Users need to be prepared for power cuts

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Users need to be prepared for power cuts

The recent spate of power cuts in London and the east coast of America have highlighted the need for businesses to prepare for unexpected disruptions.

In a recent interview with Computer Weekly, Simon Mingay, research director at analyst firm Gartner, said the expenditure on business continuity post-11 September, had paid off. "The power cuts have put regional events on the business continuity agenda."

A local disruption to business can have a knock-on effect such as preventing data back-ups or stopping branch-office data synchronisation from completing within the allotted time.

Paul Tyrer, director of channels at power supply specialist APC, said, "In a city such as London where many businesses run a 24/7 operation, any power disruption will affect the customer-facing side of the business."

Successfully restarting business servers is key to getting the business functioning quickly once power is restored.

Clive Longbottom, service director at analyst Quocirca, advised firms to ensure their servers can shut down smoothly in the event of a power failure.

While an uninterruptible power supply may keep the electricity supply to a server running for long enough to allow the server to shut down correctly, users who require more IT resilience should consider a generator. However, fully automated generators that allow the servers to run in the event of a power failure are extremely expensive.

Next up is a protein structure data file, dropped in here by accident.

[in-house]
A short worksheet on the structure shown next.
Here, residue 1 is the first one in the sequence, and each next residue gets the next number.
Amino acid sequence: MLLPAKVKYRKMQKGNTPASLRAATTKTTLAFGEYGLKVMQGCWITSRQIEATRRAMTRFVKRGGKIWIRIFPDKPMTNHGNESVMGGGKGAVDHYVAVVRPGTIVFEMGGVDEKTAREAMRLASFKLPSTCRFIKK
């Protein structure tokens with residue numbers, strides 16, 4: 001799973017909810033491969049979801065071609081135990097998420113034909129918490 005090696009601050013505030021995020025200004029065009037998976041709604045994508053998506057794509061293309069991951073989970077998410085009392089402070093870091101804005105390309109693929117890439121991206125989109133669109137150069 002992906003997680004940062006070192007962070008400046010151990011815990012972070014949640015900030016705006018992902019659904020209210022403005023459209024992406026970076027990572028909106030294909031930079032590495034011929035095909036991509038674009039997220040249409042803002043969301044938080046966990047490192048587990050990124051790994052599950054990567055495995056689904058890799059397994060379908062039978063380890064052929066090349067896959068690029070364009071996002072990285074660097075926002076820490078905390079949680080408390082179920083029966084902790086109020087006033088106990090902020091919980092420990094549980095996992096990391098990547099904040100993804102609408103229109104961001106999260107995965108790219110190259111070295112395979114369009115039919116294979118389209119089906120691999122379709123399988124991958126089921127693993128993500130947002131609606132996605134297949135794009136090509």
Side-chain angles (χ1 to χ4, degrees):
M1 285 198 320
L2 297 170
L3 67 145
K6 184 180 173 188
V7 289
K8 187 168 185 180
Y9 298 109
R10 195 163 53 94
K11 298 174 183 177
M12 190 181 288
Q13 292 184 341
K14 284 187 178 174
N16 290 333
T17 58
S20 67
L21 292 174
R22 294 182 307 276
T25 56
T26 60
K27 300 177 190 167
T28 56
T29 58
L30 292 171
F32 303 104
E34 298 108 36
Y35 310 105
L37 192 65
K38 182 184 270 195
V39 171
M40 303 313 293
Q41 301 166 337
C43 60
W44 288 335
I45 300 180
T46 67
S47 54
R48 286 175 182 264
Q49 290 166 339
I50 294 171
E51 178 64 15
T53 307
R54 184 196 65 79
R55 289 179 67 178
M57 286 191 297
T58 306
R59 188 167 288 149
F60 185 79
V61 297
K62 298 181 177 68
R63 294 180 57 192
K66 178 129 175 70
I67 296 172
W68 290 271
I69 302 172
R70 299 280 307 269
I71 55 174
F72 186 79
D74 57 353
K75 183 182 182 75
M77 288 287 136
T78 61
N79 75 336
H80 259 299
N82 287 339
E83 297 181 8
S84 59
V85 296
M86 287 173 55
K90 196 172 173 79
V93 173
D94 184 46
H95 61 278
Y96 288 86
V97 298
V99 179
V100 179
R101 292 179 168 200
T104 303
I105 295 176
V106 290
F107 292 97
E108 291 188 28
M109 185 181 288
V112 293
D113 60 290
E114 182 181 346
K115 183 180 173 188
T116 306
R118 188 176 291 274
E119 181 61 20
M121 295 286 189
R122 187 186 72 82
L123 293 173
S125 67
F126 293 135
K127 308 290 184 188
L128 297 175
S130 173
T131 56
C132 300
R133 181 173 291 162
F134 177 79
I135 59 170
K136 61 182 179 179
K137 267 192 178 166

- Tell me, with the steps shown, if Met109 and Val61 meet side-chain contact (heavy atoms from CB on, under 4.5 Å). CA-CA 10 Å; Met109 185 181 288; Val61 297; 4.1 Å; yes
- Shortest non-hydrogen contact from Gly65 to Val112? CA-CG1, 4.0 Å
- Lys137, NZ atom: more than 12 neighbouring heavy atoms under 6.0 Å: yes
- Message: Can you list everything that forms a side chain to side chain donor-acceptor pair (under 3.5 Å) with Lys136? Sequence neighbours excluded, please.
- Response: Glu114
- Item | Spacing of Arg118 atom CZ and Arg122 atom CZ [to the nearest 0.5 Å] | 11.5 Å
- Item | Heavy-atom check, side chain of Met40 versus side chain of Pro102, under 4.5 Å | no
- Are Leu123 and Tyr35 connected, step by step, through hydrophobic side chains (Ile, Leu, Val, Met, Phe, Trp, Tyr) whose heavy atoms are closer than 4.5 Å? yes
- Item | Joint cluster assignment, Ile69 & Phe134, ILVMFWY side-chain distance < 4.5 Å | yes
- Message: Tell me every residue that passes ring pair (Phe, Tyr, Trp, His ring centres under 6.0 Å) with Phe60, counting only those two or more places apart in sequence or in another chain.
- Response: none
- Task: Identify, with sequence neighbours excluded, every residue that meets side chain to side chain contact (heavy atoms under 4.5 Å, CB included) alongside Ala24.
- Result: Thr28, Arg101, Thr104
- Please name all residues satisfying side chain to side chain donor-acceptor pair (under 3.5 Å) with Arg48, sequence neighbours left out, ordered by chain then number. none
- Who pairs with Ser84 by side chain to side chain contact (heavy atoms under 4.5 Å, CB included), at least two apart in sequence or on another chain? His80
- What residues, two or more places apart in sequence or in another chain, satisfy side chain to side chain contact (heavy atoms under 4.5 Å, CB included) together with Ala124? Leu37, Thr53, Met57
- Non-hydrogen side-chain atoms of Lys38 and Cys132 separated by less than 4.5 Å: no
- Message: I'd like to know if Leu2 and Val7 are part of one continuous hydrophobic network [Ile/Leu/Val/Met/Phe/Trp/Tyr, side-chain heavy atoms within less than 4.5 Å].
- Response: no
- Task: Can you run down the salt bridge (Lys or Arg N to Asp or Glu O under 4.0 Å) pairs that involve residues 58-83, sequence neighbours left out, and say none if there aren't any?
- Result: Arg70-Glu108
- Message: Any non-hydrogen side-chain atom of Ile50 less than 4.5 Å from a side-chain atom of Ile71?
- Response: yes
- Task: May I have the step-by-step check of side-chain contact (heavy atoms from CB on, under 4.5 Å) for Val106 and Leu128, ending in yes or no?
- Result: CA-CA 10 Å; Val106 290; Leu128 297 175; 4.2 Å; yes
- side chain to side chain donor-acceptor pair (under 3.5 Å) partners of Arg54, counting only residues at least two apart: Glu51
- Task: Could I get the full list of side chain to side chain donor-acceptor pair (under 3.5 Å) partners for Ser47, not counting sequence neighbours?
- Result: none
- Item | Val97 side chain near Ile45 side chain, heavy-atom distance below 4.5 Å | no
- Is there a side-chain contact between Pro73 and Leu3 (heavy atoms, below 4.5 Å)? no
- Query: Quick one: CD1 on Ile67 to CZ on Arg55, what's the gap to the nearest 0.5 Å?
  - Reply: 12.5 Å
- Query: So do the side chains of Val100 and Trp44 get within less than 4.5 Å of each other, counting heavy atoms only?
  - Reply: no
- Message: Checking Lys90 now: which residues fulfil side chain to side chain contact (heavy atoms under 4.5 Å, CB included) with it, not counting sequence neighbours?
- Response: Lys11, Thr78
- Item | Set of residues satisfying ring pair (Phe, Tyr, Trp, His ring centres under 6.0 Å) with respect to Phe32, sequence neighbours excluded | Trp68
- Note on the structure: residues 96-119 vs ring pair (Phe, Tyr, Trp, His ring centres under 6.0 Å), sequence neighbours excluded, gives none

Longbottom said, "A lower cost option is to use the UPS to keep the servers going long enough to send your staff an SMS to alert them to come into the office and start up the generator."

In a small company, "it would be sufficient to buy a $500 (£320) UPS and a $400 generator", Longbottom said, rather than spend $40,000 on a state-of-the art automated generator.

But back-up generators may not be practical, particularly in the city, owing to safety and space constraints. One city IT director said, "It is all very well having a back-up generator on an industrial estate, but it would be a major problem in the inner cities."

He recommended that users carefully assess when they need their IT systems to be available. If it is important that a back-up window is maintained, users need to build these criteria into their business continuity plans.

Ostriches left in the dark >>

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This was first published in September 2003

 

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